1. If, when I open a novel to a random page, the first sentence I see is "O bitterness, failure and despair!", then I may be led to feel a certain concern about the quality of the reading experience that is to ensue.
2. I am aware that publishers need to economize, but it does not therefore follow that academic books should appear in what looks like a ten-point font. My optometrist may thank you; I, however, will not.
My maternal grandmother, Helen Rowe Bergtrom, died on Sunday at the age of 96. Grandma Helen was not only a talented painter (my readers may recall that I used to have her self-portrait as my blog's image), but also a gifted seamstress: she quilted, she embroidered, and she made dolls. I'll post some of her watercolors next week. Today, though, I've put up some images of two Victorian dolls she made approximately thirty years ago for my sister and me.
A few years ago, I had the dolls restored at a local doll's hospital. This one required only minor work (loose stitching repaired and the yarn wig retucked).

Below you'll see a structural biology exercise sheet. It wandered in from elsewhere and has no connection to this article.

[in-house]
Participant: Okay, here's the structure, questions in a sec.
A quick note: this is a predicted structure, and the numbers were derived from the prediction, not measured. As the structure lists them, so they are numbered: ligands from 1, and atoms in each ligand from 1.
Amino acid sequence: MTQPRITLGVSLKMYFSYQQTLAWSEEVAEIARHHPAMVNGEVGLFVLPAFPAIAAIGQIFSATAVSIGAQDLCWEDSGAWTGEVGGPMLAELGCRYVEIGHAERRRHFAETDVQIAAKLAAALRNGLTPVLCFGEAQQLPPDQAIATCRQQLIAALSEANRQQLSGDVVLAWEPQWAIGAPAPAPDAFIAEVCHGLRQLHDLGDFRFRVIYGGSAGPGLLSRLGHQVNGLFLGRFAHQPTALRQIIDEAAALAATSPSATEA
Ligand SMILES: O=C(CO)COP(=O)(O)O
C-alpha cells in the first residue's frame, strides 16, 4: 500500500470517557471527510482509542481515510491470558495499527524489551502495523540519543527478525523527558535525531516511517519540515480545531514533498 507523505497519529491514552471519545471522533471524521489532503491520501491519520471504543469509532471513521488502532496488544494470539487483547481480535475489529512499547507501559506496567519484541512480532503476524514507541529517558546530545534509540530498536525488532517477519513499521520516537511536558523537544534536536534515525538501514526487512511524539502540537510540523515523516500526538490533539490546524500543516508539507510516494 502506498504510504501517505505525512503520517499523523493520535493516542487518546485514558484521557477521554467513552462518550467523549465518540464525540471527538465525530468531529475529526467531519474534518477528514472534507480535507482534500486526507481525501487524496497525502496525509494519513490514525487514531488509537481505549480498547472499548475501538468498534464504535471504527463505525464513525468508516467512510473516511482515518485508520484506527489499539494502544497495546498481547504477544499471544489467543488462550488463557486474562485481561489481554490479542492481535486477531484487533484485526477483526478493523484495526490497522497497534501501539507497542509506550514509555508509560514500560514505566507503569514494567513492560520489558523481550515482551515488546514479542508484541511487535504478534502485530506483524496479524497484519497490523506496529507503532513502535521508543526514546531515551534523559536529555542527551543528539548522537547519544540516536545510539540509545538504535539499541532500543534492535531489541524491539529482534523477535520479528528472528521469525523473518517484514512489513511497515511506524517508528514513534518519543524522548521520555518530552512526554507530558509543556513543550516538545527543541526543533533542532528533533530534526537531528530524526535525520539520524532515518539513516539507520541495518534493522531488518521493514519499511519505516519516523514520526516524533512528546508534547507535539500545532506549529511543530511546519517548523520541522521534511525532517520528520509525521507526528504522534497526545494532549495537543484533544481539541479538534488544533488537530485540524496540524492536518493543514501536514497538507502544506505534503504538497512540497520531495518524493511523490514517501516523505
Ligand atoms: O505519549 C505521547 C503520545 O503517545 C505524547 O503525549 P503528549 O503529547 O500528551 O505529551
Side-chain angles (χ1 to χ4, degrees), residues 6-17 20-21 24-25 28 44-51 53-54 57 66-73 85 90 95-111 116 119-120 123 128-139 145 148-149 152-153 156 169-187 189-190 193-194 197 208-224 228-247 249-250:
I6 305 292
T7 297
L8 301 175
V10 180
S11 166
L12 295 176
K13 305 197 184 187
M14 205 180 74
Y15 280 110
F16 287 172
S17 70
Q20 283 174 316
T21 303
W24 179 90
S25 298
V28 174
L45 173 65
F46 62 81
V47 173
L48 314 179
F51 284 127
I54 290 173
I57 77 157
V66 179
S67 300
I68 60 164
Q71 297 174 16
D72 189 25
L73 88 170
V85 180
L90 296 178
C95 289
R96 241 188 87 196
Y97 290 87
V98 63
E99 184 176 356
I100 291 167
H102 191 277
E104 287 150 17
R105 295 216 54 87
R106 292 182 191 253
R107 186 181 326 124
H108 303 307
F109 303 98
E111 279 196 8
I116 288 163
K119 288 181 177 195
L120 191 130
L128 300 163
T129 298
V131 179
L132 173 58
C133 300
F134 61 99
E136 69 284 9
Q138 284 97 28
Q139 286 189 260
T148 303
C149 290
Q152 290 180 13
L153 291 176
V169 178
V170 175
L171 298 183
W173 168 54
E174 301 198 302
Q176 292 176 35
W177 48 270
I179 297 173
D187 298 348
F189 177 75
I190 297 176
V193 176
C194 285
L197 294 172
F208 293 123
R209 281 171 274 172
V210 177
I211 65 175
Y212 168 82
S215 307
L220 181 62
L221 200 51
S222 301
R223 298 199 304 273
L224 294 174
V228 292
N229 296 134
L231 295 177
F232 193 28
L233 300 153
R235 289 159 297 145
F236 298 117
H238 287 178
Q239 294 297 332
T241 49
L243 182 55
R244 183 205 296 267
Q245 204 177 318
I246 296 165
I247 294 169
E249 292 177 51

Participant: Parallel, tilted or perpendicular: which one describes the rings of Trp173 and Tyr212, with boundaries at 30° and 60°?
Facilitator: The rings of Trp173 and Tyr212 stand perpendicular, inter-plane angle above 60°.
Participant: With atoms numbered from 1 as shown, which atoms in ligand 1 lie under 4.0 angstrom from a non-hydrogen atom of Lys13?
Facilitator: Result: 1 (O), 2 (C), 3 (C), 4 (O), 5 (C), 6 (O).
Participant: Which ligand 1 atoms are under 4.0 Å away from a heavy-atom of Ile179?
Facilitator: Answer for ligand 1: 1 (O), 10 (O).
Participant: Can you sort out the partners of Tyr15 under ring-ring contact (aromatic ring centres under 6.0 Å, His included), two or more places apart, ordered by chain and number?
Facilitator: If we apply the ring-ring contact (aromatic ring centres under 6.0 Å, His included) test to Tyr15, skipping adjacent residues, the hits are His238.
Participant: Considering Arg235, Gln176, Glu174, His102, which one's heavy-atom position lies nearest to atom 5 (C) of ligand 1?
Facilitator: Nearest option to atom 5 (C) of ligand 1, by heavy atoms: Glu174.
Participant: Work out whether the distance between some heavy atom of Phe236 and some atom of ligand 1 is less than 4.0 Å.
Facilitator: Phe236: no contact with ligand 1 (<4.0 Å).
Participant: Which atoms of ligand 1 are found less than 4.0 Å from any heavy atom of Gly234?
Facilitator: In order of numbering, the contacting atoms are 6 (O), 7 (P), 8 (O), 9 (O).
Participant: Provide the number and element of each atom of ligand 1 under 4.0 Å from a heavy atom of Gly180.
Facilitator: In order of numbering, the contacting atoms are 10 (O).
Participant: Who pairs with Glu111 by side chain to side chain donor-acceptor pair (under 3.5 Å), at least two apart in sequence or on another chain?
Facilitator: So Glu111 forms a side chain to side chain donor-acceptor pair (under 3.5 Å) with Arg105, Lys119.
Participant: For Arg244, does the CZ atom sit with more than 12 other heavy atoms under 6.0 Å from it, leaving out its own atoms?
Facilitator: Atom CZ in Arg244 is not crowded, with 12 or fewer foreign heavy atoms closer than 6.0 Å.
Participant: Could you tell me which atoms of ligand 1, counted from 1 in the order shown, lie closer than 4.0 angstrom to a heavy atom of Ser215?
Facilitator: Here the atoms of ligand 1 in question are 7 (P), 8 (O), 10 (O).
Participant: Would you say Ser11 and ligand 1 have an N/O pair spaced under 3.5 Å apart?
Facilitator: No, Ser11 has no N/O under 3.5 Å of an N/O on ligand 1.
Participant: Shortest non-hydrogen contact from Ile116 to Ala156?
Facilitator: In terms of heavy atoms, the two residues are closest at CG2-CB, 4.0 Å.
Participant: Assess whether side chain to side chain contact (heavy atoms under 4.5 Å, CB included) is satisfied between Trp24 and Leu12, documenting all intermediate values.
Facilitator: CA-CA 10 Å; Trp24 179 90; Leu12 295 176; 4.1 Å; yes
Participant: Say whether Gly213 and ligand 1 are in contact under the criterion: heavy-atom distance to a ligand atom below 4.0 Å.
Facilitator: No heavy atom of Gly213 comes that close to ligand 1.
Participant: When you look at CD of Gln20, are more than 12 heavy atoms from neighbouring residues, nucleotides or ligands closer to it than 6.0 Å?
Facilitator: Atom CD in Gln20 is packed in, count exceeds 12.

The hairstyle is fairly elaborate:
The dolls even have (handsewn) corsets...
The second doll's silk skirt had to be almost entirely restored (the floral pattern is the original cloth).
Feeling done up after a week of teaching? I recommend a dose of the Nicholas Brothers. Specifically, "Jumpin' Jive," with an assist from Cab Calloway (Stormy Weather, 1943):
Tap dancers, of course, can often work well into their sixties...and later. Harold Nicholas crops up again in the challenge dance from Tap--46 years later, when he was nearing seventy. In tapping order: Arthur Duncan; Bunny Briggs; Jimmy Slyde; Steve Condos (of the Condos Brothers); Harold Nicholas; Howard "Sandman" Sims; Sammy Davis, Jr.; Gregory Hines. The kid watching them is a very young Savion Glover.